Markets

Spring has Sprung and for us that means markets on the farm! We are so excited to be bringing back “The Markets on the Farms“! We have added two more markets this year. First market opens in May and ends in October and are scheduled for the 3rd Saturday of the month. Same hours as last year, 10:00 AM – 2:00 PM. Below is a synopsis of each event.


Live Plant Market – May 15, 2021- 10:00AM – 2:00PM

May’s market embraces all things spring. We will have OutdoorPro Landscaping here to answer all your landscaping questions. Live patio plants: geraniums, ferns, petunias, begonias, pansies, succulents, combo planters! Patio pots and planters! Fresh cut spring bouquets from Nettie’s Petals. Local Beef and Pork from Cow Creek Organic Farm and Miller Farms. New syrups and hot sauces. The new bakery will be open and will be offering seasonal selections along with all the bakery’s favorite cookies and fresh-baked bread.


Picnic Market | June 19, 2021 | 10:00am – 2:00pm

Maybe our favorite market of the year! It’s picnic days on the farm. Baskets, blankets, and all things picnic will be highlighted in the boutique. The bakery will include new pantry items perfect for picnics. Bring a blanket, grab a picnic box from the bakery, and enjoy the farm. The kid pad will open for the season and live music will return under the live oaks! Check out the music page to see who is performing.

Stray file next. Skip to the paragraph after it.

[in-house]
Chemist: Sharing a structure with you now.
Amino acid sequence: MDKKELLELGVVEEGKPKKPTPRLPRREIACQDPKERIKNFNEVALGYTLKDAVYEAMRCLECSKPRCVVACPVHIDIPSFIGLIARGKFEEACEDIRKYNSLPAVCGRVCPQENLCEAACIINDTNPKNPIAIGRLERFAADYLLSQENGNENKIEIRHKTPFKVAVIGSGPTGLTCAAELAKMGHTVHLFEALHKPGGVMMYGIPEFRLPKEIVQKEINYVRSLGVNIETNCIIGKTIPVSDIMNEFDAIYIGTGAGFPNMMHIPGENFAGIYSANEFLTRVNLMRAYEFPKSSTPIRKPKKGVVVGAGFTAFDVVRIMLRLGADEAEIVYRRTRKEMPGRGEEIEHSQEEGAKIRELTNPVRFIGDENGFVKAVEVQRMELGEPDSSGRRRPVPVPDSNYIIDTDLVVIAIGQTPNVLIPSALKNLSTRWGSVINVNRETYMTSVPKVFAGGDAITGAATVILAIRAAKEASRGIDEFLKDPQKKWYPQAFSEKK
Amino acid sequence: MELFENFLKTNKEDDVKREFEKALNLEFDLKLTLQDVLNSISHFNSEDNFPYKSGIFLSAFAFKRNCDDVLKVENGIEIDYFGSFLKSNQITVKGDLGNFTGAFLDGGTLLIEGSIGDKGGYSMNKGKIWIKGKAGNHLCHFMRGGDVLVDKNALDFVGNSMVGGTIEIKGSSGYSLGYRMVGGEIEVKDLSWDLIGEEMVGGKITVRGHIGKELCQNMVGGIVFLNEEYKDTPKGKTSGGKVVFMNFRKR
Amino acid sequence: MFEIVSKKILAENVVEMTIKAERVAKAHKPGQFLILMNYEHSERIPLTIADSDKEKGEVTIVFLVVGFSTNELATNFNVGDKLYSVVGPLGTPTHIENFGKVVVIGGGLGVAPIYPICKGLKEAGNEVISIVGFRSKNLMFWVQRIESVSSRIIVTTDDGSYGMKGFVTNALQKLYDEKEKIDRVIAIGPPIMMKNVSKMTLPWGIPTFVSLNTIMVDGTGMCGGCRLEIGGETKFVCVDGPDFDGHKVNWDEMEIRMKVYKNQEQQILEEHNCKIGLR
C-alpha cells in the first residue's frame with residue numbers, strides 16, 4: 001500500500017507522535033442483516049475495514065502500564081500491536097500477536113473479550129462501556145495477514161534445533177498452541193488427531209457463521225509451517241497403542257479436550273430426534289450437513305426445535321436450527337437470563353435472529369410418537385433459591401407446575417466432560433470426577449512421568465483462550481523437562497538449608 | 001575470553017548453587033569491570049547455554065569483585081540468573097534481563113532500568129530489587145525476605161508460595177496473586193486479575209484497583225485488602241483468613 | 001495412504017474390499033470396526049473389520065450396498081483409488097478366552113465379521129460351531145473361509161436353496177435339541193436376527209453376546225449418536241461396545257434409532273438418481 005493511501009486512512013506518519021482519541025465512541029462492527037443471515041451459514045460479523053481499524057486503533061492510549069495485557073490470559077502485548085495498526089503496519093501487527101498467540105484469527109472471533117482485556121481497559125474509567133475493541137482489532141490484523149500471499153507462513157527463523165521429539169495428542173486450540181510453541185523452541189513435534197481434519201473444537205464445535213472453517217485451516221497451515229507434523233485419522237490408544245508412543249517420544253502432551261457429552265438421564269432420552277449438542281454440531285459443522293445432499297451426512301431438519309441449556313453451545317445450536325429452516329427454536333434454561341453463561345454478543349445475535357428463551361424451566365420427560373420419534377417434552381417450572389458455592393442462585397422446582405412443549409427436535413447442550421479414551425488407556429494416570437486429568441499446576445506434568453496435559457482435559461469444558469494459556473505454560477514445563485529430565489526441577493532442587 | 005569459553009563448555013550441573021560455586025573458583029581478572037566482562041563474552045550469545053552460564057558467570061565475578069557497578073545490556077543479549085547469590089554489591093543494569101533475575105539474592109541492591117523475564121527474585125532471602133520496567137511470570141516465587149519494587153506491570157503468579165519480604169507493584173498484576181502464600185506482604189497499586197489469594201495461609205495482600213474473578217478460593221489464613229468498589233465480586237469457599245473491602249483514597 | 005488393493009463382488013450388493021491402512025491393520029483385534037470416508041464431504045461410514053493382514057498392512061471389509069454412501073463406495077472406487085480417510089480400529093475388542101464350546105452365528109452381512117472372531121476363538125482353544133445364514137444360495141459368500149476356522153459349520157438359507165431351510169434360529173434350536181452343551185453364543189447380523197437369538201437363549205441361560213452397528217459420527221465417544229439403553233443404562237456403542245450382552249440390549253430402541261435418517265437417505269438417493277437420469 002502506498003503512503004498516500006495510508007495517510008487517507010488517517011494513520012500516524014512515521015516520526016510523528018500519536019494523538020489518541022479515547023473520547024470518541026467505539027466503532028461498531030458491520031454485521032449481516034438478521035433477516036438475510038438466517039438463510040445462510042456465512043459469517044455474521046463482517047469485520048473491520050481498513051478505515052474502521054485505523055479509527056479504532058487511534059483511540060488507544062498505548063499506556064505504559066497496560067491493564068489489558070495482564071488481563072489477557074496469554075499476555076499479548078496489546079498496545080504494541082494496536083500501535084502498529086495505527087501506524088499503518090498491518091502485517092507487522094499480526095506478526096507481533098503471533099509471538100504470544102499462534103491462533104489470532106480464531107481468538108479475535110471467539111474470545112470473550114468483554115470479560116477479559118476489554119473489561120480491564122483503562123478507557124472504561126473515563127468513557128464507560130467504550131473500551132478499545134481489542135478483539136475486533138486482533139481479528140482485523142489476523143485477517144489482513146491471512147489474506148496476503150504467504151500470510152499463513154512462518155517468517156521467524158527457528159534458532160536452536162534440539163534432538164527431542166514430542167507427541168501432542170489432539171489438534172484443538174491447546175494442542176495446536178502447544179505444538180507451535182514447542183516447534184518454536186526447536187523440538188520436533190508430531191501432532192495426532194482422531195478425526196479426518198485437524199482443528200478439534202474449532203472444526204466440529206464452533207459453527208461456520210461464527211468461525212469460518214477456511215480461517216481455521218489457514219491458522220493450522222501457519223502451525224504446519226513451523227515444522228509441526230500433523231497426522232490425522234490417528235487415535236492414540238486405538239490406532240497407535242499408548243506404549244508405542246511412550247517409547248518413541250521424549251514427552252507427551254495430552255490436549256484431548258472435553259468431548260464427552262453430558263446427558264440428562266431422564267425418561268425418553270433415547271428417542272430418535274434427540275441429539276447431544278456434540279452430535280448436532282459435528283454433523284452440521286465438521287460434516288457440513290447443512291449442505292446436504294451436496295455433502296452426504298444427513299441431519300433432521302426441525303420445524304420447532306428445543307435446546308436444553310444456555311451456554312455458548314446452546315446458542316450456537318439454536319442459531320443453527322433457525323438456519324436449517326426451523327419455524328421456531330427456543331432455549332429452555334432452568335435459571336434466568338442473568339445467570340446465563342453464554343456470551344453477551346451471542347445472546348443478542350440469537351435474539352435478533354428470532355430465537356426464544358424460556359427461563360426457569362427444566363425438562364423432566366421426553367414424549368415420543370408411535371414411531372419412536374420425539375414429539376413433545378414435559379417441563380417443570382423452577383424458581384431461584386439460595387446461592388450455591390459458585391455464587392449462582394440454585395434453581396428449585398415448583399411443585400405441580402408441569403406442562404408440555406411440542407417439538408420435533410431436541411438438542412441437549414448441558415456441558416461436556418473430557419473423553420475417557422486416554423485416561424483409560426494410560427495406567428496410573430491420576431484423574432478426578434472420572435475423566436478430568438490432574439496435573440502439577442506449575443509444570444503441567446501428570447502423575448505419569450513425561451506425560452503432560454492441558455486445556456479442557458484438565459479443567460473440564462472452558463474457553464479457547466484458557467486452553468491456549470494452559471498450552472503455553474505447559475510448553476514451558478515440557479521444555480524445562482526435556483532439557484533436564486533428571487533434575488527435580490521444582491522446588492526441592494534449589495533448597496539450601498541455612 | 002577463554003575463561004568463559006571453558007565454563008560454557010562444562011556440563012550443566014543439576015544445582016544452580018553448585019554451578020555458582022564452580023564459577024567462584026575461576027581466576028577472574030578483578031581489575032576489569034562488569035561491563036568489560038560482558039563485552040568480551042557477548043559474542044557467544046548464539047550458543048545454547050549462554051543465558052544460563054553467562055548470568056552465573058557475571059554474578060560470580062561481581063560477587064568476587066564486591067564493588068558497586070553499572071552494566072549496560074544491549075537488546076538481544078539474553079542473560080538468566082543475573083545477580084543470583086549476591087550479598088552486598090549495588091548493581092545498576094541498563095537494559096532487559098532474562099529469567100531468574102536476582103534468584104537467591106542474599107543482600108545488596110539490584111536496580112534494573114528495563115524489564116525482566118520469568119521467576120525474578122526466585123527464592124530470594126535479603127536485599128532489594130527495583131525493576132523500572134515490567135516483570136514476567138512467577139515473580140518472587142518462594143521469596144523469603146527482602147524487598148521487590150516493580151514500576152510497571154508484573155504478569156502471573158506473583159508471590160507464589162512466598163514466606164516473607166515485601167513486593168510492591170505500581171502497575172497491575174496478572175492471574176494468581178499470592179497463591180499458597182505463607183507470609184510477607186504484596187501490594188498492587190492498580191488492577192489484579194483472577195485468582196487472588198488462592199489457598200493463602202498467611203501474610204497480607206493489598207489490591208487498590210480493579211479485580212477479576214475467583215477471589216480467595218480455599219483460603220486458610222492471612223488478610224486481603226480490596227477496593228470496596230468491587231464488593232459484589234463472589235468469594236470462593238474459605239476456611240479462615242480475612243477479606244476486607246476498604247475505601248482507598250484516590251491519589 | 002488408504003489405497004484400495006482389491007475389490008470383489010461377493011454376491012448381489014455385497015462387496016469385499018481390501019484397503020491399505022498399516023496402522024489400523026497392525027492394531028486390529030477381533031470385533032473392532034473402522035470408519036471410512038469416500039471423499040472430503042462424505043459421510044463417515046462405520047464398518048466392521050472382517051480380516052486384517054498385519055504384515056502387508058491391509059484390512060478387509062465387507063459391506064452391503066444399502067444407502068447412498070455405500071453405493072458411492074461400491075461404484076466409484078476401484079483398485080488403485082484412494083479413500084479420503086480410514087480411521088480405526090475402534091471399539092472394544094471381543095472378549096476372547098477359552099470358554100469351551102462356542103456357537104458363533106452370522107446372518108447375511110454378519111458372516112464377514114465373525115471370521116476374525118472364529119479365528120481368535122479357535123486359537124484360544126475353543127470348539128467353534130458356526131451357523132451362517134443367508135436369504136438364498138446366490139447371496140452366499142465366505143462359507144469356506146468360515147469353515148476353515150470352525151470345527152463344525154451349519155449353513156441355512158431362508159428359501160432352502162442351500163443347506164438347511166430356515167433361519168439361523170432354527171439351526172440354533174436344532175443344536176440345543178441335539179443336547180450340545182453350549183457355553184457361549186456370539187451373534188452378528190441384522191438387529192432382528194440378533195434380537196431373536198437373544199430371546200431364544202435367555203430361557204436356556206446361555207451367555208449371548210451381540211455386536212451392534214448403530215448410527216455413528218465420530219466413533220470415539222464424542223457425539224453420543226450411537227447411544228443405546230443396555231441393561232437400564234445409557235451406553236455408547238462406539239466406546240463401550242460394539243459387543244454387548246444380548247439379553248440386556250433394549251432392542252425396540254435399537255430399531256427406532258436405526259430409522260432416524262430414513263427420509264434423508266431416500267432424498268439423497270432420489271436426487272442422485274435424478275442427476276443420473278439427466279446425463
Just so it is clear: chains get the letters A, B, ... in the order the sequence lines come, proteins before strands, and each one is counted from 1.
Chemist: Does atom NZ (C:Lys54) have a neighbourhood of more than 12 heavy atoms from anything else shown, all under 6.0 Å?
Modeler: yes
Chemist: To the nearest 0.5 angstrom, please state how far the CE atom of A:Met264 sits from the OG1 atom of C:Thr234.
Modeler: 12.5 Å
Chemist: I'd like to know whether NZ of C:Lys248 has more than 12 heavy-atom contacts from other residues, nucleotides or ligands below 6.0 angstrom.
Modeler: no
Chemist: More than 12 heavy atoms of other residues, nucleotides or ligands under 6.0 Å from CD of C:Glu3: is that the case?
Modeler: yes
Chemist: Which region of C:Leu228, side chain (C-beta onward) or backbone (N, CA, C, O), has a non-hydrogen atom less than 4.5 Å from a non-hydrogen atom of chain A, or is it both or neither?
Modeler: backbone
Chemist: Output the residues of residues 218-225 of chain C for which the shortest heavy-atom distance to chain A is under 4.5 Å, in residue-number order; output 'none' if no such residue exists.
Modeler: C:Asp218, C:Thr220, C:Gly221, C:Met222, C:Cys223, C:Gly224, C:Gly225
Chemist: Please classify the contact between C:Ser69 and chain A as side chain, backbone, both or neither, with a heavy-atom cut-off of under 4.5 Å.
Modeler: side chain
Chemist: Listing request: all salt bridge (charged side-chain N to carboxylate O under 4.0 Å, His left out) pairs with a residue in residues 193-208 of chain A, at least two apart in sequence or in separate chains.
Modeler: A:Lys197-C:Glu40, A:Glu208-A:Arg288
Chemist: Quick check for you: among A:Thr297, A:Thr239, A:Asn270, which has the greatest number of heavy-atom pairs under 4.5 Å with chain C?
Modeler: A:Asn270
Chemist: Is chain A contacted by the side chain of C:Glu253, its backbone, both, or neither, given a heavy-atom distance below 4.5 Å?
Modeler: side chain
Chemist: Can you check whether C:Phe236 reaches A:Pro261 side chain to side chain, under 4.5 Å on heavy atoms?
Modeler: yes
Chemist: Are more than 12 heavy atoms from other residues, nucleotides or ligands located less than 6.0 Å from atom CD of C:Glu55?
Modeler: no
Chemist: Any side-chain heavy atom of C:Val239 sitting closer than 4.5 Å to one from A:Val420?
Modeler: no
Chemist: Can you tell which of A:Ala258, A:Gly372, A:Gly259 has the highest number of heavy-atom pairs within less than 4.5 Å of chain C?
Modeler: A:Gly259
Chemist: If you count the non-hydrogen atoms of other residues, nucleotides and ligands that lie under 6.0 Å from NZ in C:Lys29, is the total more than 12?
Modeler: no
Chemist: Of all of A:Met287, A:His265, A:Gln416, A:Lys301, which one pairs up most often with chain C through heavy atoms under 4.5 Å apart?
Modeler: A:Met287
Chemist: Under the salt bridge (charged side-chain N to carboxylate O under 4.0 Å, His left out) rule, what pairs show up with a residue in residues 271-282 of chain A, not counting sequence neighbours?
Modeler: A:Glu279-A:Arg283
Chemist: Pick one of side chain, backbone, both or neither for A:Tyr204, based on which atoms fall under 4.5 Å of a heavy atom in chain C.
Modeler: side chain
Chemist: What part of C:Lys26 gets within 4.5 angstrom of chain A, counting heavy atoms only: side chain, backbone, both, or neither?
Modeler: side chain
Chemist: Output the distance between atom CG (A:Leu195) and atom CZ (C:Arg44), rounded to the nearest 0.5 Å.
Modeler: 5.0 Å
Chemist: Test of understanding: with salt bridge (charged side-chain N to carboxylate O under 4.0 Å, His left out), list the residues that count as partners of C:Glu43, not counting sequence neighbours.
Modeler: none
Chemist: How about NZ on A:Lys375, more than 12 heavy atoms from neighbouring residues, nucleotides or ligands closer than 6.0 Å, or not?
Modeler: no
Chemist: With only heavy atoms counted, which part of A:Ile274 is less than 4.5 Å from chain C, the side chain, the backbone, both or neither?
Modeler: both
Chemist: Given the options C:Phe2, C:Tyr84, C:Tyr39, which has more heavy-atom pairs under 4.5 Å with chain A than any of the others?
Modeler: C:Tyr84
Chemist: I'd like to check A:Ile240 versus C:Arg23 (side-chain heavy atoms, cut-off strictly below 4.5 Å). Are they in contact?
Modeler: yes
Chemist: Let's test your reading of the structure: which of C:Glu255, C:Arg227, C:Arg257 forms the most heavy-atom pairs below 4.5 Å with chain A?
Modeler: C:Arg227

Sorry no outside food or drinks are allowed on the farm for health reasons.


BBQ Market | July 17, 2021 | 10:00am – 2:00pm

Celebrate barbeque days on the farm. Barbeque spices, sauces, and tools will be highlighted in the market. The bakery will be serving up some maple and smoked treats to help celebrate. Bring a partner and sign up for the Cornhole Tournament. Enjoy the kid’s play pad, water display, and live music under the live oaks! Check out the music page to see who is performing.

Sorry no outside food or drinks are allowed on the farm for health reasons.


Artist Market | August 21, 2021 | 10:00am – 2:00pm